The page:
Iranian reformers — like, for example, former President Mahmoud Khatami — have always oriented to educated and upper-class liberals while pursuing economic policies detrimental to workers and the poor. As a result, Ahmadinejad was able to strike a populist pose to win the 2005 presidential elections — with the help of vote fraud to get into a runoff election, which he won handily against Ali Akbar Hashemi Rafsanjani, a powerful cleric, former president and one of the richest men in Iran.

In office, Ahmadinejad was anything but a friend to the working class. He pursued policies of privatization to enrich his coterie around the national security apparatus and ruthlessly suppressed efforts at organizing independent unions. He tried to maintain popularity through a nationalist stance, defending Iran’s nuclear energy program against pressure from the West.

And in the run-up to the June 12 vote, Ahmadinejad made much-publicized handouts to the poor and bonuses for government employees to boost turnout for the election. He apparently assumed that middle-class liberals, disillusioned by Khatami’s failure to stand up to attacks on pro-democracy activists, would stay home, as they had in 2005.

By 2009, Ahmadinejad faced a challenge from both Mousavi and Rafsanjani. These former rivals (Rafsanjani had ousted Mousavi by abolishing the post of prime minister in 1989) made common cause to stop Ahmadinejad from consolidating power.

The Iranian president, with the backing of Khamenei, had systematically installed figures from the basij and the Iranian Revolutionary Guard Corps (IRGC) into key positions in government and the national oil company, displacing or squeezing the big capitalists around Rafsanjani, who jealously guard that turf. Beyond personnel questions, however, Iranian capitalists are leery of Ahmadinejad’s half-baked “development” projects that used state oil revenues to consolidate his base among the poor, rather than spending the money on strategic investments.

For his part, Mousavi was seen as an ideal candidate for the power brokers around Rafsanjani as well as the reformists. Having stressed the social justice side of Islam while prime minister during the Iran-Iraq war, he can appeal to workers and the poor in a way that Rafsanjani never could. He also has credentials as a hard-liner: as prime minister, he presided over the execution of as many as 5,000 political prisoners.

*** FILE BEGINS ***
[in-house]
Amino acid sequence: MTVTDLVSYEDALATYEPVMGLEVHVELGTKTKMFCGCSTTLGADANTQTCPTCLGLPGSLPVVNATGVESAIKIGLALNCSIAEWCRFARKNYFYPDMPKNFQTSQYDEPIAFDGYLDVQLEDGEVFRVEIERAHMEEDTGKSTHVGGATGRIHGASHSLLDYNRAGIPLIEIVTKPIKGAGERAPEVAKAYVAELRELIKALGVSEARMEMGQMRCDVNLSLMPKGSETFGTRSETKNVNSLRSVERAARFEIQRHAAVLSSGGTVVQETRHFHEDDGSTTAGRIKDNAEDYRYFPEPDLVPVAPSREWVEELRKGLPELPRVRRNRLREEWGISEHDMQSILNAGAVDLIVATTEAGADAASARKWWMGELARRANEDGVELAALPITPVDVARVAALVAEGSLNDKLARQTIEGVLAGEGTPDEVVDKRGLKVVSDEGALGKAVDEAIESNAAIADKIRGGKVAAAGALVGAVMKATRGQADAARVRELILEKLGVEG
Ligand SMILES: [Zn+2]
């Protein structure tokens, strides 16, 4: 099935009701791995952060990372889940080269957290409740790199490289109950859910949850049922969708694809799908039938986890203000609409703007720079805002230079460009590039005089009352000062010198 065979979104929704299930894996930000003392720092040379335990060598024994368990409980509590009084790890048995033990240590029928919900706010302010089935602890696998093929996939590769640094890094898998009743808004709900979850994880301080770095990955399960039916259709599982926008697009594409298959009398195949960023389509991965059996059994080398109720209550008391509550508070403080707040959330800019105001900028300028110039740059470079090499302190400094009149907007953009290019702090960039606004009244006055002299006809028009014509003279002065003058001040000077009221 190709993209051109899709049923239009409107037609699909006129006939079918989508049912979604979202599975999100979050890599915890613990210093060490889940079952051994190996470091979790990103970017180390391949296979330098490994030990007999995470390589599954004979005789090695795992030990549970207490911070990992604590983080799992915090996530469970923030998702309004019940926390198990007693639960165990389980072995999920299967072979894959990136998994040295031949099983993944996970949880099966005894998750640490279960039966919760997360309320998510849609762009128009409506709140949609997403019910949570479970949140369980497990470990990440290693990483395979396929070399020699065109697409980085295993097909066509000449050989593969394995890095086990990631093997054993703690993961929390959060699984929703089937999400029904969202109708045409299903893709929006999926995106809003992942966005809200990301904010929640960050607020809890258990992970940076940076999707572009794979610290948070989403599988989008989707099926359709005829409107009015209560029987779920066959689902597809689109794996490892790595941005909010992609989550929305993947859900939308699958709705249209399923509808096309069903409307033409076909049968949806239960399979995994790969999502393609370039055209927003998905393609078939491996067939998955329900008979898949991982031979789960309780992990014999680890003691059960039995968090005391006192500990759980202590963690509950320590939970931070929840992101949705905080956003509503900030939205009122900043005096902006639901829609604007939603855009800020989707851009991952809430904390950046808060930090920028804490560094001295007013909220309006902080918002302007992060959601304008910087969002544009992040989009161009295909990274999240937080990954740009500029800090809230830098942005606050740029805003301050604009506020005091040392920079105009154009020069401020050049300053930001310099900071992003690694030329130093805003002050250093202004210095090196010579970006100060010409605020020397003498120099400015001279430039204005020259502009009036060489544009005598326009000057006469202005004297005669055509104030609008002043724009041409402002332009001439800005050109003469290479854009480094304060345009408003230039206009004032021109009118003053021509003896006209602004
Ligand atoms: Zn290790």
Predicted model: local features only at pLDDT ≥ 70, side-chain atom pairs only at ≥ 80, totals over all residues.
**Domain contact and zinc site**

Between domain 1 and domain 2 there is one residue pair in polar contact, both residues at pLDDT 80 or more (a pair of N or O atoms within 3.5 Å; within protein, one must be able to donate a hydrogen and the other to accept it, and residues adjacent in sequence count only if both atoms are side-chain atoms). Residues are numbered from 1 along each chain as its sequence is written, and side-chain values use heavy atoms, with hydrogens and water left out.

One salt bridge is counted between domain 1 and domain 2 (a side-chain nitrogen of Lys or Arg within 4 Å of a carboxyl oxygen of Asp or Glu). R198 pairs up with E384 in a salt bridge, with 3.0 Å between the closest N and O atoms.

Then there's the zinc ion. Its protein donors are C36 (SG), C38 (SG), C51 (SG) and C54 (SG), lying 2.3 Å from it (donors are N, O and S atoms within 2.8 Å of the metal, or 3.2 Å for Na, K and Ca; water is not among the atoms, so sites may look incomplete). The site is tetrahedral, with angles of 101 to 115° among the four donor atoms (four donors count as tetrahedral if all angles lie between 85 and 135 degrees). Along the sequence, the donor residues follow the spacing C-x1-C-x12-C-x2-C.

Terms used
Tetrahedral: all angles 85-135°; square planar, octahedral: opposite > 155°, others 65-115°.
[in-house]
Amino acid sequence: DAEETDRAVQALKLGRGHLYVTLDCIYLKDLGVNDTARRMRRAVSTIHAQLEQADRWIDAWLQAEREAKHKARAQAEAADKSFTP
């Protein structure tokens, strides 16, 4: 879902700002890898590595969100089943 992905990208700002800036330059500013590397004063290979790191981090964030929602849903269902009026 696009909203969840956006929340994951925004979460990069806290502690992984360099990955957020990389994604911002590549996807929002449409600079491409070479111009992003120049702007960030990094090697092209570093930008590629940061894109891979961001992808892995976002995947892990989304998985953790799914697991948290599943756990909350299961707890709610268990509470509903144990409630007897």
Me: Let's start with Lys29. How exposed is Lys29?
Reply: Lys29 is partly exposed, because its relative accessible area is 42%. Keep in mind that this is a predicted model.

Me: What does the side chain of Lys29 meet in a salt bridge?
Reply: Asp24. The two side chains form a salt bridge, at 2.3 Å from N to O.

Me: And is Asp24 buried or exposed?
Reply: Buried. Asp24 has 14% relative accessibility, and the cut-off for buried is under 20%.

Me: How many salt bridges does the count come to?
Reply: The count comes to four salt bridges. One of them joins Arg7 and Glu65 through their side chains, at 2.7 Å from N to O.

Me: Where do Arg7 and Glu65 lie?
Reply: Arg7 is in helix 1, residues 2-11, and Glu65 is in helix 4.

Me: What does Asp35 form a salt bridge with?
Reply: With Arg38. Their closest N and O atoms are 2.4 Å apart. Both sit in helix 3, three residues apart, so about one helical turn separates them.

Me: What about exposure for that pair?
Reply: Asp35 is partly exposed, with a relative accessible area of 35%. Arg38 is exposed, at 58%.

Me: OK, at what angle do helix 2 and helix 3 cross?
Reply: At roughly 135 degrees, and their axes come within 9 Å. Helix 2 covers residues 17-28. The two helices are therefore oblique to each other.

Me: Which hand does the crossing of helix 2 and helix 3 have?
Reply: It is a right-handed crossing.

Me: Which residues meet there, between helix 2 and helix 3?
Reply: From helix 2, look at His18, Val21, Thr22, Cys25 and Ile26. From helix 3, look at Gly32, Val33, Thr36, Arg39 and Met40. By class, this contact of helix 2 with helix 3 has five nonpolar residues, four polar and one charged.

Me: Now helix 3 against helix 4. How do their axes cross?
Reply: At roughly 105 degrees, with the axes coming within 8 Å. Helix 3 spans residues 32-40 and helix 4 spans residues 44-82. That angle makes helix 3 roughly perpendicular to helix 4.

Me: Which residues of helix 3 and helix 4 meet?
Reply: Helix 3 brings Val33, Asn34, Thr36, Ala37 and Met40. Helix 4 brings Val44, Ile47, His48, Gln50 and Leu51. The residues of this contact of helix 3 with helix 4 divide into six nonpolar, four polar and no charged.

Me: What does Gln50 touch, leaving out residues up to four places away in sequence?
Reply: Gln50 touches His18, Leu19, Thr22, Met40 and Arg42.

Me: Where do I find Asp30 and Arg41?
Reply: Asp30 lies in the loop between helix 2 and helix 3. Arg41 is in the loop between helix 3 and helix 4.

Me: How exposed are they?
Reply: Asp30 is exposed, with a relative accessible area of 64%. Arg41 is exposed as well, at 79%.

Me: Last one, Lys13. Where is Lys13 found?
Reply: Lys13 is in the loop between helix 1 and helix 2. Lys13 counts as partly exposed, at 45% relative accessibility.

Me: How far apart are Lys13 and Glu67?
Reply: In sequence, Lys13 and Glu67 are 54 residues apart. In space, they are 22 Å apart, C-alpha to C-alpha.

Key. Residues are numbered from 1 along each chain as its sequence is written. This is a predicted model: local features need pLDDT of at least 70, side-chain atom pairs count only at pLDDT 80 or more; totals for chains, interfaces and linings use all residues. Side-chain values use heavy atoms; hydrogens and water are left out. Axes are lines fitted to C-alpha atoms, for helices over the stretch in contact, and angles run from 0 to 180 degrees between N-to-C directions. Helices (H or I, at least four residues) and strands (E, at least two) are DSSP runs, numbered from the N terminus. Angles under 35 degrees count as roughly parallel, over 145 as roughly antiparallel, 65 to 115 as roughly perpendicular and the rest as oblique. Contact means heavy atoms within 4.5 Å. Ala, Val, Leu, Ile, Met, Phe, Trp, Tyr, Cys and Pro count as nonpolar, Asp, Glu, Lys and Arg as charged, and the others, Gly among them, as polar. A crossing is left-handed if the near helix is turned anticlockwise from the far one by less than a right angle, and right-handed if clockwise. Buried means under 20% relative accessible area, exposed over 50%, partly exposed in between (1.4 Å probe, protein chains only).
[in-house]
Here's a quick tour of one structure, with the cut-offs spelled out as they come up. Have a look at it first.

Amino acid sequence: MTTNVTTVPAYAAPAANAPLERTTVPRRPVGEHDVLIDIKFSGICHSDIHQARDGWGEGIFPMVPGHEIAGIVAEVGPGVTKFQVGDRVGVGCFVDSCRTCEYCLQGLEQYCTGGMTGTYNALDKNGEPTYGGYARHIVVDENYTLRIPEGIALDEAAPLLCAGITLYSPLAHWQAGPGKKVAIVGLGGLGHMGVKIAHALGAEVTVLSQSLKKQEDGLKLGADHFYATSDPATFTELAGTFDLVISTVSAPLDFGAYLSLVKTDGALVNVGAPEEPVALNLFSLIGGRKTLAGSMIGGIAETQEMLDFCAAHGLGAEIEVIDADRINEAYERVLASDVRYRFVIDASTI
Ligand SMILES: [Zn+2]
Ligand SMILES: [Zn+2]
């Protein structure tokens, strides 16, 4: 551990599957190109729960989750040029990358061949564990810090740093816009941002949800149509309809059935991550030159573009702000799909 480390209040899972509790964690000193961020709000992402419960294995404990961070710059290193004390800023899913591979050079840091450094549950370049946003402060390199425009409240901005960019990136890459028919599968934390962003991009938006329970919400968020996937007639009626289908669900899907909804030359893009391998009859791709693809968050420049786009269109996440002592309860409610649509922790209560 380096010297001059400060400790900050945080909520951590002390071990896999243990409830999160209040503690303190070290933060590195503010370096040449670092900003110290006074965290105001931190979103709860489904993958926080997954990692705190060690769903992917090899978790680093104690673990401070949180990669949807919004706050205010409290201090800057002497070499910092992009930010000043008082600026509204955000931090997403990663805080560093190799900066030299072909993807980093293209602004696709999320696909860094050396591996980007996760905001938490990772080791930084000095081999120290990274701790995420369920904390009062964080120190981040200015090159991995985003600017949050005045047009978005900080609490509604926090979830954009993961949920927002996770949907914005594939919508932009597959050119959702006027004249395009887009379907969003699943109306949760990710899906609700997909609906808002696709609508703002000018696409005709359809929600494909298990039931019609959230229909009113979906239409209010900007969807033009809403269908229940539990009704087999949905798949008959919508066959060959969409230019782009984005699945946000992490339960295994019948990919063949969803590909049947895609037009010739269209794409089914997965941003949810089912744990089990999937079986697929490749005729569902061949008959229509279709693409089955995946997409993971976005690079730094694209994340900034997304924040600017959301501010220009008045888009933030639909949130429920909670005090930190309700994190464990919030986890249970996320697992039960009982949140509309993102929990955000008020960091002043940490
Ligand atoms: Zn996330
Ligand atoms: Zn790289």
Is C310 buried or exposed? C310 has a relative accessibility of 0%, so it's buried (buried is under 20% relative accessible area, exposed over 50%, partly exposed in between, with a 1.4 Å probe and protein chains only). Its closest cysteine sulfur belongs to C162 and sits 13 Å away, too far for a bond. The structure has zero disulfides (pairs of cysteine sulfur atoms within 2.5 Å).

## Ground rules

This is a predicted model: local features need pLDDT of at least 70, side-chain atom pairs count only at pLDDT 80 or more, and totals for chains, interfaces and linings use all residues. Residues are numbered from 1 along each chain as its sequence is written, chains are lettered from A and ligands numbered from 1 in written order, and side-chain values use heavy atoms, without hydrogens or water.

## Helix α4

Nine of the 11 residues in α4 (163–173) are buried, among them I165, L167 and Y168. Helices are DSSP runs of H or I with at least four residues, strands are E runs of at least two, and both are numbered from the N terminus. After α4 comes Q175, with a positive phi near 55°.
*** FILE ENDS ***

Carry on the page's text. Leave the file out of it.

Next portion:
Nowadays, though, Mousavi portrays himself as a liberal by championing the rights of women and national minorities, an effort that helped revived an interest in politics among Khatami’s voters.

Mousavi’s support, which surged into the streets of Tehran and other cities in the days before the election, forced Ahmadinejad to resort to massive vote fraud to claim victory.

According to a study by the British think tank Chatham House, the number of votes cast in the provinces of Mazandaran and Yazd exceeds the total number of eligible voters. The authors estimate that if Ahmadinejad really won 62 percent of the vote claimed by the authorities, he would have had to won the votes of all new voters, all the votes of his last centrist rival, plus 44 percent of those who voted for reformist candidates in 2005. This is so unlikely as to be absurd.

As the speaker of Iran’s parliament, Ali Larijani, said on television June 20, “A majority of people are of the opinion that the actual election results are different from what was officially announced,” adding, “Although the Guardian Council is made up of religious individuals, I wish certain members would not side with a certain presidential candidate.”

As popular pressure mounted, the head of the 12-member Guardian Council, the body of clerics that approves election candidates, issued a surprising report June 22 that votes supposedly cast in more than 50 Iranian cities were actually higher than the number of eligible voters.

The Guardian Council’s announcement contradicts the earlier claim by Khamenei that Ahmadinejad had won a “definitive victory,” and marks a retreat from the council’s earlier position that it would only review 10 percent of the ballots.

Now there are even doubts that the council will uphold the election results when it makes its final ruling in the coming days. This vacillation partly reflects the influence of Rafsanjani, one of the most powerful members of the Guardian Council. But if the council reverses course and annuls the election or orders a recall, it will be because the clerics fear a revolutionary upsurge. Having hijacked a workers’ revolution to take power 30 years ago, the clerics understand full well the risks they face.

At the same time, Rafsanjani is rumored to be trying to assemble an emergency meeting of the 86-member Council of Experts, which chooses Iran’s supreme leader. The apparent aim is to remove Khamenei from power, which would decisively weaken Ahmadinejad as well.

Adding fuel to the fire is Grand Ayatollah Hussein Ali Montazeri, the country’s senior cleric, who endorsed protests to “claim rights.” According to religious criteria, Montazeri should have been the successor to Ayatollah Ruhollah Khomeini, the founding leader of the Islamic Republic in 1979, but was shoved aside and later placed under house arrest for several years.

In short, the competing factions of the Iranian ruling class are hesitating before they make irrevocable choices that could shatter the Islamist regime.

For Ahmadinejad and Khamenei, the question is whether a crackdown would succeed in drowning resistance in blood, or provoke a wider revolutionary challenge to their rule. For Mousavi and Rafsanjani, the choice is whether to accept a humiliating deal that would greatly diminish their power, or encourage the rebellion, and try to ride it to victory.